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Liquor is a safe and extensible templating language that compiles to Ruby. It can be thought of as a replacement of Liquid, though it does not provide a migration path.


Add this line to your application's Gemfile:

gem 'liquor'

And then execute:

$ bundle

Or install it yourself as:

$ gem install liquor


The language is described in the specification.

Compiling templates

The Liquor templates are rendered in two stages. First, you need to compile them using Liquor::Manager. Assuming templates is a hash mapping template names to contents and predefined variables, the following code demonstrates the usage of Liquor::Manager:

manager =

templates.each do |name, (body, predefined)|
  if manager.partial? name
    manager.register_partial name, body
    manager.register_template name, body, predefined

unless manager.compile
  manager.errors.each do |error|
    source, * = templates[error.location[:file]]
    puts error.decorate(source)

The error.decorate call will extract the corresponding line from the source and highlight the character range that caused the error.

Rendering templates

The context is a hash that is shared between the layout and the inner template. The layout_environment and inner_environment contain the list of variables initially provided to corresponding template; it must match the value of predefined of the template at compilation time.

context ||= {}

# Production-mode code
diagnostics = Liquor::Runtime.capture_diagnostics do
  inner = manager.render(template_name, inner_environment, context)
  manager.render(layout_name, layout_environment, context.merge(_inner_template: inner))

# Development-mode code
Liquor::Runtime.with_fatal_deprecations do
  # idem

The difference between development-mode and production-mode code is that in development mode, all runtime errors are raised as Liquor::Diagnostic exceptions, and in production mode, they are returned from Liquor::Runtime.capture_diagnostics instead.

The code to perform decoration of the errors is the same as for compile-time errors.

Additionally, both development-mode and production-mode code can raise Liquor::HostError at render time, reserved for uncaught Ruby exceptions inside Liquor code.

Extending Liquor

Liquor functions are similar to Ruby functions. They should not have any side effects. To learn how to define your own Liquor functions, see lib/stdlib/builtin_functions.rb.

Liquor tags provide means for inserting arbitrary Ruby code in the compiled output. They can do almost anything, and can have side effects. To learn how to define your own Liquor tags, see lib/stdlib/builtin_tags.rb.

Both functions and tags are organized in libraries. A Liquor library looks like this:

module LiquorFoo
  include Liquor::Library

  function # ...

  tag # ...

The libraries should be provided to the Liquor::Manager constructor, e.g. [LiquorFoo]).

Passing Ruby objects to Liquor code

Liquor represents primitive Liquor objects (null, booleans, integers, strings and tuples) using the corresponding primitive Ruby objects, so they can be passed as-is. Liquor does not extend core Ruby classes.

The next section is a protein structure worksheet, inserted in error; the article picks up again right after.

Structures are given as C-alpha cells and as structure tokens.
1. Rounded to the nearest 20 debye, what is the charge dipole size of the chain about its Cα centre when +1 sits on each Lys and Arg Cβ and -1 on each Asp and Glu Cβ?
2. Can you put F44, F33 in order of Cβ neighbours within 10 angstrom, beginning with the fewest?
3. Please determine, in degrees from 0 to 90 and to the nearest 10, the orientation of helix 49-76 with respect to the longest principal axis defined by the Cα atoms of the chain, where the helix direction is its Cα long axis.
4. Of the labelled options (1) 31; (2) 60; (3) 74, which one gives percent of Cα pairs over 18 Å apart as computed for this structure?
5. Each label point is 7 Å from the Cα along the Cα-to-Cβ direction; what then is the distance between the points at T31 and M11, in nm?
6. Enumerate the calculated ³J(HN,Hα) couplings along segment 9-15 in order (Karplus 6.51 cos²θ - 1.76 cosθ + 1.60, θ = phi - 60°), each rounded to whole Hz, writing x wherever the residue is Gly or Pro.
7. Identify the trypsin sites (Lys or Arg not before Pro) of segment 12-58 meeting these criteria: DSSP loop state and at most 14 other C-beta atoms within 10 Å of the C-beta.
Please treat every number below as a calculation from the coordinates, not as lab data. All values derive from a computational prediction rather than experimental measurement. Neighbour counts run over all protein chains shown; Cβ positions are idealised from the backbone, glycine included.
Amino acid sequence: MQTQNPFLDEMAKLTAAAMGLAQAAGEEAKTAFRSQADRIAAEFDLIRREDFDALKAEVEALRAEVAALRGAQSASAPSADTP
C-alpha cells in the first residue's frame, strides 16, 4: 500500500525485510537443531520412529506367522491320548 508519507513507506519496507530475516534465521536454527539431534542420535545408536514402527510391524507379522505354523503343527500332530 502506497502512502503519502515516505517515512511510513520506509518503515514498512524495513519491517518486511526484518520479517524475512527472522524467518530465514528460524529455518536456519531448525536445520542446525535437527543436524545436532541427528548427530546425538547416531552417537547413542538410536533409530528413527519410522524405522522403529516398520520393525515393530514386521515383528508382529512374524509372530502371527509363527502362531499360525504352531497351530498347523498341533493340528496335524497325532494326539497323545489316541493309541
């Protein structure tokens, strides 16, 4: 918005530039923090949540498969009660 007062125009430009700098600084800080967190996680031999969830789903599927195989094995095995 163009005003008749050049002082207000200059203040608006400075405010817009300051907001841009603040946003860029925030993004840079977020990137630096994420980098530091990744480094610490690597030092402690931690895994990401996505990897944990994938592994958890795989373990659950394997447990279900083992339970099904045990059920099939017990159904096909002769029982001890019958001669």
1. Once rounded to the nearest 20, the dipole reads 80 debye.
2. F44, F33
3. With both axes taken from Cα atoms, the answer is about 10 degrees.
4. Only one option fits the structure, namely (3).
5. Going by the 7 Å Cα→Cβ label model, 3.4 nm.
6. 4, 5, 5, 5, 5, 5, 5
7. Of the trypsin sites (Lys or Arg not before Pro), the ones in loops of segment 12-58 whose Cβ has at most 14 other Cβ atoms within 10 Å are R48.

All other objects must include Liquor::External in order to be accessible from Liquor. They need to call export on module level to explicitly mark functions as accessible to Liquor. The functions always receive two arguments: the unnamed argument and the hash of keyword arguments, e.g.:

class FooExternal
  include Liquor::External

  def meth(arg, kwargs)
    # ...
  export :meth

Additionally, external methods can be deprecated using deprecate :meth, date: '2014-11-11', message: 'meth is deprecated, use meth1 instead'. The date (i.e. the intended date of final removal) and message will appear in the message of the emitted Liquor::Diagnostic. The diagnostic will only be emitted when the method is actually called.

Library integrations

Liquor contains code to integrate with some popular libraries


Liquor contains built-in support for passing ActiveRecord scopes and model instances as externals. To use it, require 'liquor/dropable', then include Liquor::Dropable in the model, and then simply pass the scope or model instance to the template.


Liquor contains a Rails renderer for Liquor templates that supports layouts. To use it `require 'liquor/extensions/rails', then use the following code in your actions:

render liquor: {
         manager:     manager,
         template:    template_name,
         layout:      layout_name,
         environment: environment,

See the section "Renering templates" for the meaning of the renderer arguments.


To use Kaminari integration, require 'liquor/extensions/kaminari'. This will monkey-patch Kaminari::PaginatableArray and allow to pass any object paginated by Kaminari to Liquor templates.


To use Tire integration, require 'liquor/extensions/tire'. This will monkey-patch Tire::Results::Collection and Tire::Search::Search and allow to pass any object generated by Tire to Liquor templates.


To use ThinkingSphinx integration, require 'liquor/extensions/thinking_sphinx'. This will monkey-patch ThinkingSphinx::Search and allow to pass any object generated by ThinkingSphinx to Liquor templates.


  1. Fork it
  2. Create your feature branch (git checkout -b my-new-feature)
  3. Commit your changes (git commit -am 'Added some feature')
  4. Push to the branch (git push origin my-new-feature)
  5. Create new Pull Request
Sponsored by Evil Martians


Liquor is distributed under the terms of MIT license.


Liquor is a safe sandboxing compiling template language for Ruby





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